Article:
J. C. Maxwell’s, ‘Dynamical theory of the electromagnetic field’

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                                Mechanical Force on an Electrified Body 

(79) If there is no motion or change of strength of currents or magnets 
in the field, the electromotive force is entirely due to variation 
of electric potential and we shall have [paragraph](65) 

P = -d[psi]/dx Q = -d[psi]/dy R = -d[psi]/dz 

Integrating by parts the expression (I) for the energy due 
to electric displacement and remembering that P Q R vanish 
at an infinite distance, it becomes 

[half][capital sigma]{[psi](df/dx + dg/dy + dh/dz)}dV 

or by the equation of Free Electricity (G) 

-[half[[capital sigma]([psi]e)dV 

By the same demonstration as was used in the case of 
the mechanical action on a magnet it may be shown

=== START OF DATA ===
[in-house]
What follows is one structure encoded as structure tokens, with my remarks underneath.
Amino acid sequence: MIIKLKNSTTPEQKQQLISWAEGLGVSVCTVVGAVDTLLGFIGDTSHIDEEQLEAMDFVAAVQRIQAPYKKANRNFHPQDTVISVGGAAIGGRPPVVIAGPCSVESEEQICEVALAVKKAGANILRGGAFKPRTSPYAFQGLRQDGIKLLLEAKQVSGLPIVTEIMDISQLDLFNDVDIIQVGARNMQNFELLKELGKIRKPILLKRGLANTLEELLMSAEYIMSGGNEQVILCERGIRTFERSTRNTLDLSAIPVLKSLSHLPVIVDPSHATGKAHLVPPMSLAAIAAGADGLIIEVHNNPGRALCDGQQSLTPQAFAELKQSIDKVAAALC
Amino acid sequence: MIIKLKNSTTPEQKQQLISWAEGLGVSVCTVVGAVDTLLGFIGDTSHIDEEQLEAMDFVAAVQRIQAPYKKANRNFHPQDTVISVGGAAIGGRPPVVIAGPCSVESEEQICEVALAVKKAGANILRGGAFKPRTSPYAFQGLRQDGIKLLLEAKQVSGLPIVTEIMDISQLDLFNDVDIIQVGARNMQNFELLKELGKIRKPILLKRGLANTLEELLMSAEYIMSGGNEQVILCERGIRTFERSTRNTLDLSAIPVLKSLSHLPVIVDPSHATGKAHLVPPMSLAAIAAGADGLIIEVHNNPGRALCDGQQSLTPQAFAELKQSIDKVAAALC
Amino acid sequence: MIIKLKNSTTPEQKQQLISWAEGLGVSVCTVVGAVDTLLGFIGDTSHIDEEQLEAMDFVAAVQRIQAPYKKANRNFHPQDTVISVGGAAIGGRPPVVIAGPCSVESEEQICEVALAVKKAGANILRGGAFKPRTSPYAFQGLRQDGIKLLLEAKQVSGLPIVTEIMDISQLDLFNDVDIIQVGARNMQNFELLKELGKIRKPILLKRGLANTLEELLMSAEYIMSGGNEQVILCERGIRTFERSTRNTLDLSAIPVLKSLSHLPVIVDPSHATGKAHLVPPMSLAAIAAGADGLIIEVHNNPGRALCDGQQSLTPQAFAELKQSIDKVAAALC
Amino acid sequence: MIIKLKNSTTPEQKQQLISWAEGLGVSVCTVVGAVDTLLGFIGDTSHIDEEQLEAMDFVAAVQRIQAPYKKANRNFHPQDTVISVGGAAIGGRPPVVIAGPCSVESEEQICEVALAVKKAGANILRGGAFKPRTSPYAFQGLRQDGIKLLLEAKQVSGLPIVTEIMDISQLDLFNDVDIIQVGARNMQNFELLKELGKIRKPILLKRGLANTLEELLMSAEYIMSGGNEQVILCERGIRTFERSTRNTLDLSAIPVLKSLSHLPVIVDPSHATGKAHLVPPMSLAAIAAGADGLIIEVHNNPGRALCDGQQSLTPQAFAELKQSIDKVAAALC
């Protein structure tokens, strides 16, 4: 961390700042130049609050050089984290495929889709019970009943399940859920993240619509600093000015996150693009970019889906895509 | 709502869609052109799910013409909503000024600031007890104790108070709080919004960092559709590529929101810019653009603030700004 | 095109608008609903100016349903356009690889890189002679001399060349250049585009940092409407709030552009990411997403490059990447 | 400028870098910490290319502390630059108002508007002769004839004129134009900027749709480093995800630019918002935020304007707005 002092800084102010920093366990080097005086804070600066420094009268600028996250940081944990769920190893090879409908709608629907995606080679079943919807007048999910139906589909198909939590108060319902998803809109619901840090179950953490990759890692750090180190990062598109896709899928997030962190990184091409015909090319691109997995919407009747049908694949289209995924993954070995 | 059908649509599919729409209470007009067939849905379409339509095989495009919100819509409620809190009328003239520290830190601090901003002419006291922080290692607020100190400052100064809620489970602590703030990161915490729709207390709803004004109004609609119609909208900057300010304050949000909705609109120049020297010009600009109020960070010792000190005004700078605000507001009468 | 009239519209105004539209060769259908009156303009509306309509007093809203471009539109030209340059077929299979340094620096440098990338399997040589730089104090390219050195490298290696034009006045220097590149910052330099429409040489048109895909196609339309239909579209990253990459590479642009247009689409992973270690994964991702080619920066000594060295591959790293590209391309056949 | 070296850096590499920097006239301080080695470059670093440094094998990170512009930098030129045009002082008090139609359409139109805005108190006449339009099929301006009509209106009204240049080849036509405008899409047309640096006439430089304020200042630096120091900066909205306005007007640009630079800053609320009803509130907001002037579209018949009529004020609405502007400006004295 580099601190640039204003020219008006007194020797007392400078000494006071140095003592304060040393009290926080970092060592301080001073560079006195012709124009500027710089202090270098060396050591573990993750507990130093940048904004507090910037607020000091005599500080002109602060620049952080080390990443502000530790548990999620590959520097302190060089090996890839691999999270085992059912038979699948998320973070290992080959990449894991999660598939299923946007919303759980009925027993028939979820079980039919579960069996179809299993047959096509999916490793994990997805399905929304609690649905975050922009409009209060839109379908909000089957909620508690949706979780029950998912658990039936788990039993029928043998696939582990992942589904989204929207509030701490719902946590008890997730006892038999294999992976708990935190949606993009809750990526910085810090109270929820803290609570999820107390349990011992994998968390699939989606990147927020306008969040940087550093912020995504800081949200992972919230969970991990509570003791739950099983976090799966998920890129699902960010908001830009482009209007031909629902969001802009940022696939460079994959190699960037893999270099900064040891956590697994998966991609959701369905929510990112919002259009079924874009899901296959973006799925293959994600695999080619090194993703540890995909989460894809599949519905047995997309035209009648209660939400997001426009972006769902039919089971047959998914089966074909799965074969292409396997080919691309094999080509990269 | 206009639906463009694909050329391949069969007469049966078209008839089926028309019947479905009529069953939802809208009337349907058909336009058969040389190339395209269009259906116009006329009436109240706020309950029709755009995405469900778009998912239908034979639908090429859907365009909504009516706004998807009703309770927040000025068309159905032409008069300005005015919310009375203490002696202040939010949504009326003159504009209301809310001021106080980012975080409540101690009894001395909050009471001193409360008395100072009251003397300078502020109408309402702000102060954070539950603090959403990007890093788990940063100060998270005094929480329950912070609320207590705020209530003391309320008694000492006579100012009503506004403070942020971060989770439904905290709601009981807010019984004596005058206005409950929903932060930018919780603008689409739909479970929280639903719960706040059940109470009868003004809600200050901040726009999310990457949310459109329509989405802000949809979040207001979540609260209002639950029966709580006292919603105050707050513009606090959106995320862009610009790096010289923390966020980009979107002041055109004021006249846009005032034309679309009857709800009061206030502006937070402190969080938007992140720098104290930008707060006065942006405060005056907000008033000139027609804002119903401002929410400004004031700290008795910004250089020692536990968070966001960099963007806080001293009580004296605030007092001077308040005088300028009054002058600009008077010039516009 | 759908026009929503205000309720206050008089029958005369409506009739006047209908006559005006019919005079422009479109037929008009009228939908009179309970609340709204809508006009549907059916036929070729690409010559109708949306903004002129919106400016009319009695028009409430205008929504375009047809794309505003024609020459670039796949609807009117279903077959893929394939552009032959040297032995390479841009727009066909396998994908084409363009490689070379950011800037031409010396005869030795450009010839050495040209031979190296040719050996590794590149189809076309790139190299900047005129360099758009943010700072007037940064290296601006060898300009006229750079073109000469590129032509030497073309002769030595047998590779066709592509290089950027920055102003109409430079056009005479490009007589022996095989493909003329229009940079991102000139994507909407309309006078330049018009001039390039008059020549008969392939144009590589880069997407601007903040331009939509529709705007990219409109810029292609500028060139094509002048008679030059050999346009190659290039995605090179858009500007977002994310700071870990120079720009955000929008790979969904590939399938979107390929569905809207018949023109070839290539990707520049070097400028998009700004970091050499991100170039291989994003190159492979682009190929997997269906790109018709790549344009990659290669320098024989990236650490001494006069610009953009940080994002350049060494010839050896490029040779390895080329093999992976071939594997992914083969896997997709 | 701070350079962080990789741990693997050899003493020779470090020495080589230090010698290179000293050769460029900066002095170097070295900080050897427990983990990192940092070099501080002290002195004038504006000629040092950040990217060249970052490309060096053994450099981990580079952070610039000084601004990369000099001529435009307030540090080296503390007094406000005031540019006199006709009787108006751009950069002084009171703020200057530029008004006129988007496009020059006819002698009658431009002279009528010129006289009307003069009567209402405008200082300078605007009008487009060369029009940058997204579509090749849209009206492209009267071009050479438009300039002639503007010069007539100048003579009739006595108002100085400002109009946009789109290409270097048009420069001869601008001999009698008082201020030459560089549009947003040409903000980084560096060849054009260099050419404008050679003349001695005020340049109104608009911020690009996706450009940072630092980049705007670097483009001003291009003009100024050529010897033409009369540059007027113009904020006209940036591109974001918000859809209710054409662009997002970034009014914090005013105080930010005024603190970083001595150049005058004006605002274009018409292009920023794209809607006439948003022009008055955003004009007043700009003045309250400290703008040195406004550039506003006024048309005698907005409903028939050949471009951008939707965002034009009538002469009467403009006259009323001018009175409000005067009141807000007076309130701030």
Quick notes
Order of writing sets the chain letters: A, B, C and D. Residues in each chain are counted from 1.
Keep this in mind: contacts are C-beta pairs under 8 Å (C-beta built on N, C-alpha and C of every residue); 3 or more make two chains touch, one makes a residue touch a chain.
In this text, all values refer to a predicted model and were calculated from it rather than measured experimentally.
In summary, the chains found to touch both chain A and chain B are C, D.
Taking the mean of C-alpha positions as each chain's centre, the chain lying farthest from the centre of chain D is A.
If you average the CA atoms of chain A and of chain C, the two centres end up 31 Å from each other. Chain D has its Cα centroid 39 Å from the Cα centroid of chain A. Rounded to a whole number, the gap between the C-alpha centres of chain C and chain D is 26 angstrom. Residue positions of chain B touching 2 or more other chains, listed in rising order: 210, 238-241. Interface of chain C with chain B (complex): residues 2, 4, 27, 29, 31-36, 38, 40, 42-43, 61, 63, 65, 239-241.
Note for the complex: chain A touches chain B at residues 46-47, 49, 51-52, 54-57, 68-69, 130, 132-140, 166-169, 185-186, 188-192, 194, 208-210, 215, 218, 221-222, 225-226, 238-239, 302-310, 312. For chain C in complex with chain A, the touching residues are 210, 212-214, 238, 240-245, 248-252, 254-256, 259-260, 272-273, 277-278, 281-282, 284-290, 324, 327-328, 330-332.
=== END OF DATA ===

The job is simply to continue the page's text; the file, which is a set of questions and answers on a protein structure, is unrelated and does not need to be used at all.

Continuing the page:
that the mechanical force on a small body containing 
a quantity e<sub>2<\sub> of free electricity placed in a field whose potential 
arising from other electrified bodies is [psi]<sub>1<\sub>, has for components 

X = e<sub>2<\sub>  d[psi]<sub>1<\sub>/dx = -e<sub>2<\sub>P<sub>1<\sub> 
Y =  e<sub>2<\sub>  d[psi]<sub>2<\sub>/dy = -e<sub>2<\sub>Q<sub>1<\sub> 
Z = e<sub>3<\sub>  d[psi]<sub>1<\sub>/dz = -e<sub>2<\sub>R<sub>1<\sub> } (L) 

So that an electrified body is urged in the direction of the 
electromotive force with a force equal to the product of 
the quantity of free electricity and the electromotive force 
If the electrification of the field arises from the presence of 
a small electrified body containing e<sub>1<\sub> of free electricity 
the only solution of [psi]<sub>1<\sub> is 

[psi]<sub>1<\sub> = k/4[pi] e<sub>1<\sub>/r (43) 

where r is the distance from the electrified body 
The repulsion between two electrified bodies e<sub>1<\sub> e<sub>2<\sub> is 

e<sub>2<\sub> d[psi<sub>1<\sub>/dr = k/4[pi] e<sub>1<\sub>e<sub>2<\sub>/r<sup>2<\sup> (44) 

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Manuscript details

James Clerk Maxwell
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Cite as

J. C. Maxwell’s, ‘Dynamical theory of the electromagnetic field’, 1864. From The Royal Society, PT/72/7



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